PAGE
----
A body has non-uniform circular motion when its trajectory is a circumference and its angular acceleration is constant. In this section, we are going to study:

## Non-uniform circular motion equations

The equations for the non-uniform circular motion, also known as uniformly accelerated circular motion are the following:

$\phi ={\phi }_{0}+\omega ·t+\frac{1}{2}·\alpha ·{t}^{2}$
$\omega ={\omega }_{0}+\alpha ·t$
$\alpha =\text{constant}$

Where:

• $\phi$, ${\phi }_{0}$: Angular position of the body in the studied moment and at the initial moment respectively, its unit in the International System (S.I.) is the radian (rad)
• : Angular velocity of the body at the considered moment and at the initial moment respectively. Its unit in the International System (S.I.) is the radian per second (rad/s)
• $\alpha$: Angular acceleration. Its unit in the International System (S.I.) is radian per second squared (rad/s2)
• t:  Instant of time under consideration. Its unit in the International System (S.I.) is the second (s)

Although the former are the main equations of the non uniform circular motion, and the only ones necessary to solve the exercises, it is sometimes useful to know the following expression:

${\omega }^{2}={\omega }_{0}^{2}+2·\alpha ·∆\phi$

The previous formula allows us to relate velocity and angular distance traveled if the acceleration is known, and can be deduced from the previous ones, as you can see next.

$\left\{\begin{array}{l}\omega ={\omega }_{0}+\alpha ·t\\ \phi ={\phi }_{0}+{\omega }_{0}·t+\frac{1}{2}·\alpha ·{t}^{2}\end{array}\right\⇒\left\{\begin{array}{l}t=\frac{\omega -{\omega }_{0}}{\alpha }\\ ∆\phi ={\omega }_{0}·t+\frac{1}{2}·\alpha ·{t}^{2}⇒∆\phi ={\omega }_{0}\left(\frac{\omega -{\omega }_{0}}{\alpha }\right)+\frac{1}{2}·\alpha ·{\left(\frac{\omega -{\omega }_{0}}{\alpha }\right)}^{2}\end{array}\right\;$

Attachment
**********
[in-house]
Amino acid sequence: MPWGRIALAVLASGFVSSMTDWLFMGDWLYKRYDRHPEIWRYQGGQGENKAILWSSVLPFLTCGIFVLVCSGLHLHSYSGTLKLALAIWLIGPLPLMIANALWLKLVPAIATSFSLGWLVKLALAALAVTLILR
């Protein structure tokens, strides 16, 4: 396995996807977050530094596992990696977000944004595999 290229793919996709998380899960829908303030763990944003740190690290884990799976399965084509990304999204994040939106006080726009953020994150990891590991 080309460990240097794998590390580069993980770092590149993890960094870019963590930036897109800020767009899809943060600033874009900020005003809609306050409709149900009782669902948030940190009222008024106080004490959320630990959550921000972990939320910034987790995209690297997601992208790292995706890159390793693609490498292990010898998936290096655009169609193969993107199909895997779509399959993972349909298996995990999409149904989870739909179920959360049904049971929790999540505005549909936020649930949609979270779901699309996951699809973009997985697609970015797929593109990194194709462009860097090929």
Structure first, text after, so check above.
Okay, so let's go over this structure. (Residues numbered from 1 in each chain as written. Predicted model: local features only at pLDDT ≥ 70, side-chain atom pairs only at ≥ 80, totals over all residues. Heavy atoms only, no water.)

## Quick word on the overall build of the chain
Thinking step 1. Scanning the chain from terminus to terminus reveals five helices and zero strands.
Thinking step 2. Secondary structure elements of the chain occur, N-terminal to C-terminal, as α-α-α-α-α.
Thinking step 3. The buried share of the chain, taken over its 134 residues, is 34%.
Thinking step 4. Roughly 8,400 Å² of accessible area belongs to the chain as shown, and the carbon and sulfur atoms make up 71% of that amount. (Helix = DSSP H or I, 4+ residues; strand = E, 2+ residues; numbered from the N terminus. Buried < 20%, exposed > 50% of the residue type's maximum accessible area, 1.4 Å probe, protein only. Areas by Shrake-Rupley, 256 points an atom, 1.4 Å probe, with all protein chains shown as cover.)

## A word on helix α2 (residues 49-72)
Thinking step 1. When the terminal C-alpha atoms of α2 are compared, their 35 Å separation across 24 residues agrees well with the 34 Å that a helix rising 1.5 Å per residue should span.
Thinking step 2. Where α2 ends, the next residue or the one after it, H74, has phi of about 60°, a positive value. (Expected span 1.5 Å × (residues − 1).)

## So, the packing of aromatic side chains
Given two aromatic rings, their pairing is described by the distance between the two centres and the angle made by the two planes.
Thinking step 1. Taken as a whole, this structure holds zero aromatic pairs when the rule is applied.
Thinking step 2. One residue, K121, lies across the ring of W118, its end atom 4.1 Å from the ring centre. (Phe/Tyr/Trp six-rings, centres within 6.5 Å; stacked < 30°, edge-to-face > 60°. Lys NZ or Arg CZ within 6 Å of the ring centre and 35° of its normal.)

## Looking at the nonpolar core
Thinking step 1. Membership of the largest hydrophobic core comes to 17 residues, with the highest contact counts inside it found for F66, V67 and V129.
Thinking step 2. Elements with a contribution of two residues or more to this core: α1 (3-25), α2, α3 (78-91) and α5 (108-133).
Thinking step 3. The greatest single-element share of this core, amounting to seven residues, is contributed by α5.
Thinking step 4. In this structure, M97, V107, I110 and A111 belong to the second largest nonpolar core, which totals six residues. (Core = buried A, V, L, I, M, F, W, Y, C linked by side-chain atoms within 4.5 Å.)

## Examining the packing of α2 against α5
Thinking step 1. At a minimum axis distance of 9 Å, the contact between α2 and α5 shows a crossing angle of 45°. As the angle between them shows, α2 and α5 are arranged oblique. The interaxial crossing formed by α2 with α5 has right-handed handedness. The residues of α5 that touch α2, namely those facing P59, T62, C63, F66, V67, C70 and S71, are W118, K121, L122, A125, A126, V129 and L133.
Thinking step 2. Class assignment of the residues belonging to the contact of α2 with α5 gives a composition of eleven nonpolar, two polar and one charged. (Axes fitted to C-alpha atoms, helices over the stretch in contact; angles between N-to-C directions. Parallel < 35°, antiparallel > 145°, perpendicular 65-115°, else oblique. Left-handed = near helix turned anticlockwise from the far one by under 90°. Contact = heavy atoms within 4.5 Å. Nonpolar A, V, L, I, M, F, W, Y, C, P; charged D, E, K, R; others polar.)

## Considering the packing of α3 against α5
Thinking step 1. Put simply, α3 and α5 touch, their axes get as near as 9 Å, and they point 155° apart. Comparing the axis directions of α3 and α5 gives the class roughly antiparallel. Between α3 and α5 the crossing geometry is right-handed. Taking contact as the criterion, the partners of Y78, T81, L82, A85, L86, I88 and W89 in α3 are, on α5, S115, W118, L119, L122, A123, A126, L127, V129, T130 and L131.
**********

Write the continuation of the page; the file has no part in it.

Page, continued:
$2·\alpha ·∆\phi ={\omega }^{2}-{\omega }_{0}^{2}$

You can easily remember the equations for the non-uniform circular motion, since they are similar to those of the u.a.r.m., but considering angular quantities, rather than linear.

## Relationship between angular and linear quantities

The non-u.c.m. is a circular motion, and as such, the angular and linear quantities are related through the radio R.

Linear quantity Relationship Angular quantity
distance traveled (s)
$s=\phi ·R$
φ
linear velocity (v)
$v=\omega ·R$
ω
tangential acceleration (at)
${a}_{t}=\alpha ·R$
α
normal acceleration (an)
${a}_{n}=\frac{{v}^{2}}{R}={\omega }^{2}·R$
-

From the previous table the following linear quantities can be easily deduced:

$s=\phi ·R={\phi }_{0}·R+{\omega }_{0}·R·t+\frac{1}{2}·\alpha ·R·{t}^{2}⇒\phantom{\rule{0ex}{0ex}}⇒\overline{)s={s}_{0}+{v}_{0}·t+\frac{1}{2}·{a}_{t}·{t}^{2}}$

$v=\omega ·R={\omega }_{0}·R+\alpha ·R·t⇒\phantom{\rule{0ex}{0ex}}⇒\overline{)v={v}_{0}+{a}_{t}·t}$

${a}_{t}=\alpha ·R=\text{constant}·R⇒\phantom{\rule{0ex}{0ex}}⇒\overline{){a}_{t}=\text{constant}}$

Finally, remember that the total acceleration of a body can be expressed as a function of its intrinsic components, giving us its magnitude:

$a=\sqrt{{{a}_{t}}^{2}+{{a}_{n}}^{2}}$

## Deduction of equations

To obtain the equations of non-uniform circular motion we proceed in the same way as we did with the uniformly accelerated linear motion (u.a.r.m.), but considering angular magnitudes, rather than linear. We will consider the following properties:

• Angular acceleration is constant ($\alpha =\text{constant}$)
• Additionally, this implies that the average and instantaneous angular velocities of the motion always have the same value

It is, therefore, about determining an expression for the angular velocity, and an another for the angular position (we already know that the angular acceleration is constant). Considering the above restrictions, we get:

$\alpha ={\alpha }_{m}=\frac{∆\omega }{∆t}=\frac{\omega -{\omega }_{0}}{t}⇒\omega ={\omega }_{0}+\alpha ·t$

This first equation relates the angular velocity of the body with its angular acceleration at any moment in time and it is a straight line (ω) whose slope coincides with the angular acceleration and whose y-coordinate at the origin is the initial angular velocity (ω0). We need to get an equation that allows us to obtain the position. There are different methods to deduce it. We will use the Merton´s theorem: already used in the u.a.r.m., which allows us to say that the angle traveled in a non-uniform circular motion, matches the corresponding to a u.c.m. with angular velocity equal to the arithmetic average of the final and initial angular velocities of the time interval under consideration.

Where have we applied: